My friend Nadera Shalhoub-Kevorkian, a professor at Hebrew University who lives in the Armenian Quarter of Jerusalem, has been subjected to a campaign of harassment and was suspended from teaching because of her speaking out against Israel’s genocidal campaign in Gaza. Thankfully she was reinstated last week. During a recent interview on the excellent podcast Makdisi Street, she talked about ashla, the Arabic word for the scattered body parts that families have been collecting after bombings in Gaza. She expanded the meaning of ashla to include the scattered remnants of the Palestinian people, as well as the divided and enclosed Palestinian enclaves in the West Bank and Gaza. She said, “We theorize about the flesh, but Palestine…I’m putting at the center the scattered body parts, the body bags, and the dead bodies, the burned bodies.” I hope you will listen to the whole interview, because as painful as some of the details are, her analysis is brilliant, and she ends with hope. She speaks about the love that people feel for each other and for the land in Palestine, and she dreams of a future that is free of settler colonial necropolitics. As she puts it, “Love is a practice of freedom.”

Nancy Kricorian


Is This Democracy?

Our kids are watching a genocide in real time on social media, and they see the moral bankruptcy of our institutions—government, media, academy, cultural organizations—and they are enraged. Gaza is their Vietnam. Last weekend hundreds of protesters took over the atrium of the Museum of Modern Art in mid-town Manhattan, dropping banners that said FREE PALESTINE and LONG LIVE GAZA. They filled that large hall with chants for freedom and against the corruption of the museum’s trustees. It was a bold, beautiful action and a feat of brilliant organizing. But the U.S.-made and subsidized bombs continue to rain down on Gaza, children are dying, people are starving, and nothing we have done these past months seems to be having an impact on the depraved and cruel slaughter.

On social media, Palestinian poet Mosab Abu Toha wrote, “I don’t know what democracy means for the Western world! Every time we hear Westerners making fun of the Arabs that ‘they don’t have democracy like us!’ That we in the Arab world cannot protest against dictators, etc. Well, I don’t think you in the West have democracy at all. How many times have people taken to the street demanding a ceasefire in Gaza!? What did your western governments do to listen to your democratic action? On the contrary, they never stopped supporting our slaughter with bombs and cash, they hurried to cut funds that attempt to help us in our tents.”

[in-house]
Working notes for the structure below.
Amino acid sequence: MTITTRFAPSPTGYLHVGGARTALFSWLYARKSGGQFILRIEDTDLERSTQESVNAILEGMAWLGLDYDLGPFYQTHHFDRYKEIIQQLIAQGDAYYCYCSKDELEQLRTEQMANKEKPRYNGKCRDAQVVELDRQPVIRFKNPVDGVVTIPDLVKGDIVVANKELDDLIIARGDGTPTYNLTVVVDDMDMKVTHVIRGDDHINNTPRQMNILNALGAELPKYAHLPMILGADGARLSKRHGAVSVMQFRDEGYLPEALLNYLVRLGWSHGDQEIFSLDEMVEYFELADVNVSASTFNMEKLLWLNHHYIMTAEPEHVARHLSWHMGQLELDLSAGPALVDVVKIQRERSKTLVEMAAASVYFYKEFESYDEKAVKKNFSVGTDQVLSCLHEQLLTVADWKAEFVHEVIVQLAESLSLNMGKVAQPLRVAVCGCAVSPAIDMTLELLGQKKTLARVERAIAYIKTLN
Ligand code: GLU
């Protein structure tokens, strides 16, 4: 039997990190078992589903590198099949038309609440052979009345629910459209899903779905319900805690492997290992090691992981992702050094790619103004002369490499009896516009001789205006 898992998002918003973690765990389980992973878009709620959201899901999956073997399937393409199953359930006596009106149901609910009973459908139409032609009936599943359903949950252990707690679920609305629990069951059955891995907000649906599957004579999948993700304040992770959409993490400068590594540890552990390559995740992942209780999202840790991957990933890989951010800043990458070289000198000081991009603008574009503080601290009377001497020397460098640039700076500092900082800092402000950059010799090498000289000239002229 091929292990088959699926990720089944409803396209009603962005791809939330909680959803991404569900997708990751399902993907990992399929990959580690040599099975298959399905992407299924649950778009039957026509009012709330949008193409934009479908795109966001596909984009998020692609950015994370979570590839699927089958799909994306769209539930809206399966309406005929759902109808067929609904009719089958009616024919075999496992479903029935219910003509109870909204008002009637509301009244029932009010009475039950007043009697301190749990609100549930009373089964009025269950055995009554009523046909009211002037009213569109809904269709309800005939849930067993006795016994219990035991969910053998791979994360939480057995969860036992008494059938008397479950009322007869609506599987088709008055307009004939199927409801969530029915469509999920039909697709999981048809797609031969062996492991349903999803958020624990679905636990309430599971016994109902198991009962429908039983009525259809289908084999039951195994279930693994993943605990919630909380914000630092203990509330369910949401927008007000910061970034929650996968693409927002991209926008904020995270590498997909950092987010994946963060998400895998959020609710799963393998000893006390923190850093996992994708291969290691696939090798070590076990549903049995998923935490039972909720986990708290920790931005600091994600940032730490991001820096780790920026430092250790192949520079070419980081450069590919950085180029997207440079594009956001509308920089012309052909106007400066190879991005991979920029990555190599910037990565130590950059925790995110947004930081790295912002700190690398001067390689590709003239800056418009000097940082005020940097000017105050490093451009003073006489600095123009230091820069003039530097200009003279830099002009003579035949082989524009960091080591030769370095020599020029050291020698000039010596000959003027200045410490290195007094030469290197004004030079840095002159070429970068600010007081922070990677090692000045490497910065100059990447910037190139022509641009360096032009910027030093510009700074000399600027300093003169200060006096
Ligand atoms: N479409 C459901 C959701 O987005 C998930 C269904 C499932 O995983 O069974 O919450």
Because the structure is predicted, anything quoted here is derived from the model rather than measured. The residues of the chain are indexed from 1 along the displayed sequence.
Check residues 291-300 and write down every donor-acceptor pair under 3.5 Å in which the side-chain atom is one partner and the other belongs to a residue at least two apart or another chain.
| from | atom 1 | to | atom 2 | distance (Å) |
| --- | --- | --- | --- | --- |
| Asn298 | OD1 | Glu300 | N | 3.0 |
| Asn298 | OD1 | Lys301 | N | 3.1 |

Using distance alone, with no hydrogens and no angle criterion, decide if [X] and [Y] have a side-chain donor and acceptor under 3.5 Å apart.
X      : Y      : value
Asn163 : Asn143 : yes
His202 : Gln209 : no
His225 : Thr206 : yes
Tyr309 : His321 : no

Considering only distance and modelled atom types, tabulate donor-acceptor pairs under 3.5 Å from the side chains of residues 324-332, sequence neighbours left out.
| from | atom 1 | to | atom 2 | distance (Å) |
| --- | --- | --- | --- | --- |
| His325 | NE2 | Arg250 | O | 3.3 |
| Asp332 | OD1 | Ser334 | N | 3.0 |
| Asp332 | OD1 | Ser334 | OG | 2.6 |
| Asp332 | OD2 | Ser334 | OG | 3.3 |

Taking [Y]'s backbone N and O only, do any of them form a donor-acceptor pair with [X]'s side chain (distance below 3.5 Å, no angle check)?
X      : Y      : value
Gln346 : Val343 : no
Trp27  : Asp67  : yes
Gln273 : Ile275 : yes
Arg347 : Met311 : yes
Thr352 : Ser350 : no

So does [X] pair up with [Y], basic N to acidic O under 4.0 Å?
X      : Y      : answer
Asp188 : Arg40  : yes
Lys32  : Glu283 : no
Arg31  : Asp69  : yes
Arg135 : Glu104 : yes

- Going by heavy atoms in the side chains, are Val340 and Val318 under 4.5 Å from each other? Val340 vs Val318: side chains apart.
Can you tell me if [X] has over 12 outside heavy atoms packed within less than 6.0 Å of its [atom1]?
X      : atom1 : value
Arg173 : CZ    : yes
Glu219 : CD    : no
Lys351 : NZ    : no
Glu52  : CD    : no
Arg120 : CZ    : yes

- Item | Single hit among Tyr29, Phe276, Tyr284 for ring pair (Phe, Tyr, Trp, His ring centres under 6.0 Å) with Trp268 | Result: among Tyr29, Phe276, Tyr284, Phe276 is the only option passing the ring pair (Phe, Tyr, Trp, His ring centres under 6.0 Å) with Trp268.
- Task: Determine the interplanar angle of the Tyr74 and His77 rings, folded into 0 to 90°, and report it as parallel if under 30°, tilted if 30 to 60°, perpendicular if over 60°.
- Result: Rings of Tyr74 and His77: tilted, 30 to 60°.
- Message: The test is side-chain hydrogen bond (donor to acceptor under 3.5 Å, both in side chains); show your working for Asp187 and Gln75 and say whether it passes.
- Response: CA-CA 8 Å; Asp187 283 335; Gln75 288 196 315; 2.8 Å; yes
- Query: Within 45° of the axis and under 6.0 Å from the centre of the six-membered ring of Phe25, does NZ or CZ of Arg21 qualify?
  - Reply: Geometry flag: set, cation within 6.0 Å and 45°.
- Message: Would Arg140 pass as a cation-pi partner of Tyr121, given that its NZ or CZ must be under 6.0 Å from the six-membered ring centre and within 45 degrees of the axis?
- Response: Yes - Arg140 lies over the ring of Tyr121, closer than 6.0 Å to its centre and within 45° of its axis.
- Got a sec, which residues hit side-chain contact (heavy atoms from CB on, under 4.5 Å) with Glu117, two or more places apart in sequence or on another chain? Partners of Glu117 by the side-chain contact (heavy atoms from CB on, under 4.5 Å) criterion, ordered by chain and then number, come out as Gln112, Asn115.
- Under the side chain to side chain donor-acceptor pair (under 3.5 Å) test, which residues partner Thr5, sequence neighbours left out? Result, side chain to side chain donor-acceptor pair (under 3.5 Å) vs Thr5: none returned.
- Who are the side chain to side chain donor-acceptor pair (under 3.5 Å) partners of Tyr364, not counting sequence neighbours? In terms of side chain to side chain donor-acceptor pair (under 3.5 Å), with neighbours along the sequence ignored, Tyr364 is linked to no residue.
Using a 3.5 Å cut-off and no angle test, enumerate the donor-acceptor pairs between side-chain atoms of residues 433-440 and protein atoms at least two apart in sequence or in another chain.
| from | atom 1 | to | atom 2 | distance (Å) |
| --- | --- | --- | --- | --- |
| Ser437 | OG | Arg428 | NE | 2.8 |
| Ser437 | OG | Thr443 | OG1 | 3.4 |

Through We Are Not Numbers, for the past month I have been mentoring Haya Abu Nasser, an extraordinarily talented young Palestinian writer who is internally displaced in Gaza and living in a tent after having been displaced four times. Haya has only intermittent access to the Internet and to electricity, and is under constant threat of bombardment. All of our communication is via WhatsApp messaging, and every morning I check to see if she has answered me, to make sure that she has survived another night. She wrote a beautiful and devastating essay entitled “Surviving Beneath Gaza’s Tempest Skies” about her daily life. I have recently begun submitting her poems to literary magazines. The first fruit of that effort was placing “Remember Our Names” with Scoundrel Time, and this poem was featured in LitHub Daily on 6 February. Since then we have placed two poems with Evergreen Review and one with Guernica for upcoming publication.

As the heart breaks and breaks again watching a horrific genocidal campaign against the Palestinians of Gaza, a campaign that has the full-throated support of the Biden Administration (ignore the bleating complaints and look at the weapons and cash being sent to keep the murder machine running), my best hope is our solidarity and witness. Read this nuanced and melancholy piece by my friend Mashinka Firunts Hakopian about Armenian-Palestinian solidarities. Don’t look away from Gaza. Don’t stop speaking out for Palestine. As Vasily Grossman put it in his magisterial World War II novel Life and Fate“Human history is not the battle of good struggling to overcome evil. It is a battle fought by a great evil, struggling to crush a small kernel of human kindness. But if what is humane in human beings has not been destroyed even now, then evil will never conquer.”

Nancy Kricorian